|Stalingrad (AP Photo)|
Personally I would love to see all of those lame sumbitches in Congress get off their lazy, fat asses and learn how to fly a jet. Or perhaps learn how to fire a Tomahawk missile. Or volunteer for the PBI (poor, bloody infantry). And stop saying "boots on the ground". Forever.
"Boots on the ground" means that real-live breathing, walking and talking soldiers and Marines will be expected to go in and clean up whatever mess the idiots in DC brought about. And most assuredly some of those kids will get killed and wounded. And make no mistake about that, for the most part the guys engaged in direct combat are young. 18 to 22 year old riflemen with an assortment of sergeants in their late-20's, early 30's. The officers at the lower level aren't too far removed from college.
For the idiots for whom Hollywood is the real deal, guess what? Getting wounded doesn't usually mean pulling a muscle or breaking a bone. Or perhaps a deep scratch which bleeds a lot but will eventually heal. Nope, sorry.
Wounds are typically caused by bits and pieces of hard things (usually metallic but stones and concrete hurt too!) flying through the air at high velocity and then impacting a part of your body. These things tend to tear pieces out of you. It's not like a movie where it hurts like Hell but you can walk it off and keep fighting. Nope. When all is said and done, you've got a chunk of your body missing. And where it used to be is bleeding like crazy.
You might think that getting hit by a bullet is somehow "cleaner". Nope. Typically, a bullet will make a fairly small hole going in. Then it starts to tumble, creating what is called the "wound track". Tearing up your anatomy where ever it goes. If it comes out on the other side, that hole is a lot bigger. Going in, think maybe pencil sized. Coming out, think fist sized or larger, depending on the round. Not clean at all.
And it's not just the hole. There's also something called "hydrostatic shock". What's that you ask? Well, according to Wikipedia:
Hydrostatic shock or hydraulic shock describes the observation that a penetrating projectile can produce remote wounding and incapacitating effects in living targets through a hydraulic effect in their liquid-filled tissues, in addition to local effects in tissue caused by direct impact. There is scientific evidence that hydrostatic shock can produce remote neural damage and produce incapacitation more quickly than blood loss effects. Proponents of cartridges that are "light and fast" such as the 9x19mm Parabellum versus cartridges that are "slow and heavy" such as the .45 ACP round often refer to this phenomenon.Sure, once you get hit, (and if you're still alive and conscious) it takes a moment for the brain to realize that something bad just happened. Again, that's if the hit didn't kill you outright. No, more than likely you're down on the ground from the impact wondering what just transpired. Once that initial shock wears off, you won't be participating in any Rambo-like activities. (While there are documented cases of soldiers being wounded, sometimes badly, and continuiing on, those cases are rare. Those guys get the Medal of Honor. Posthumously.)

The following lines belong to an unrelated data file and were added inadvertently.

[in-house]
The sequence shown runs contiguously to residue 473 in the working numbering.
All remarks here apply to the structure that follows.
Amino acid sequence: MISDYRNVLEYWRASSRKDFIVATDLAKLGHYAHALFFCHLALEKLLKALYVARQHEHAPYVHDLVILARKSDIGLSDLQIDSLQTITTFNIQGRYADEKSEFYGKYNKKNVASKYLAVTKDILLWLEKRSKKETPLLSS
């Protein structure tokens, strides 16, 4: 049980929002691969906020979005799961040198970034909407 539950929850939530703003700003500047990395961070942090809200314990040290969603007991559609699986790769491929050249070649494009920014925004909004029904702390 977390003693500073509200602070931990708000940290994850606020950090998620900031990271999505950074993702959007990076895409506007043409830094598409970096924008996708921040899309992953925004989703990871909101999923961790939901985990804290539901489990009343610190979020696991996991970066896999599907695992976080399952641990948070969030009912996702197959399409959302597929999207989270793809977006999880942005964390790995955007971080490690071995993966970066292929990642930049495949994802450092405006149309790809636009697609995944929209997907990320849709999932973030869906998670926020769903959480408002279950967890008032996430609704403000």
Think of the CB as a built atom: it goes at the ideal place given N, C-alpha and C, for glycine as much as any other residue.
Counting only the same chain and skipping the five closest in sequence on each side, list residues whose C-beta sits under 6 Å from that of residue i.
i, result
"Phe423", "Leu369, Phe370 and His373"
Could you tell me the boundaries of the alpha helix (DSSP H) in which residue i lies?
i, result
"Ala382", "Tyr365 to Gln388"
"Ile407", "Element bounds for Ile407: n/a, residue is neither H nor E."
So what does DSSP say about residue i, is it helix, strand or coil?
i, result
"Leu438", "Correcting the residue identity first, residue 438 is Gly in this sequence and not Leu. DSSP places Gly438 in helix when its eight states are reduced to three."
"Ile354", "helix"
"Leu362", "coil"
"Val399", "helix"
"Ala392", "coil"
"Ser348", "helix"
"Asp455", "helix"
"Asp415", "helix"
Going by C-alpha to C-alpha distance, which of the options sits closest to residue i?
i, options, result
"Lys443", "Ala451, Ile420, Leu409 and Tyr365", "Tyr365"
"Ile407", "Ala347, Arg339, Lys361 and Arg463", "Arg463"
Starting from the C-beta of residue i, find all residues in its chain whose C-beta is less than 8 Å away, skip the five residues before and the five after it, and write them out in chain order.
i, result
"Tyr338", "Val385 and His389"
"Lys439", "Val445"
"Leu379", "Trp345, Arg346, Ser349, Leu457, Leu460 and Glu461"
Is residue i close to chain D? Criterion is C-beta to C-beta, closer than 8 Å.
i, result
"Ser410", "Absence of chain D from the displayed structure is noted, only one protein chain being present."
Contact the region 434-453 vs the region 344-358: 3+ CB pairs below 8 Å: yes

Human autopsy results have demonstrated brain hemorrhaging from fatal hits to the chest, including cases with handgun bullets. Thirty-three cases of fatal penetrating chest wounds by a single bullet were selected from a much larger set by excluding all other traumatic factors, including past history.
Could be you've just lost an arm or a leg. Or both. Or multiples of both. Unless a medic or corpsman gets to you right away, you're going to bleed out. The technical term is exsanguinate, you know, "bleed to death". If you even just nick the femoral artery in either leg, you've got about a minute or two before you are dead. Some vessels in this mortal coil of ours are designed to move large amounts of blood. Open one to the air and they'll do just that, pump large amounts of blood out of that hole and onto the ground. They'll keep going until your heart stops due to loss of blood volume. (Ain't nothing left to pump!)
Yes, war is messy.
When a person gets hit, other things happen, especially if that hit kills you. You lose control of all of your bodily functions. Think about that for a moment. All of your bodily functions. Battlefields do not smell pleasant and it's not just the cordite and blood.
So let's stay away from that "boots on the ground" phrase. Let's say what we mean. When we say that, we mean sending young men (and now women) into harm's way to kill, and die, on our behalf. There's no other way to look at it. When a politician uses that phrase, your BS detector should start screaming at you. Loudly. Very loudly indeed.
H/T to HMS Defiant for inspiring this post.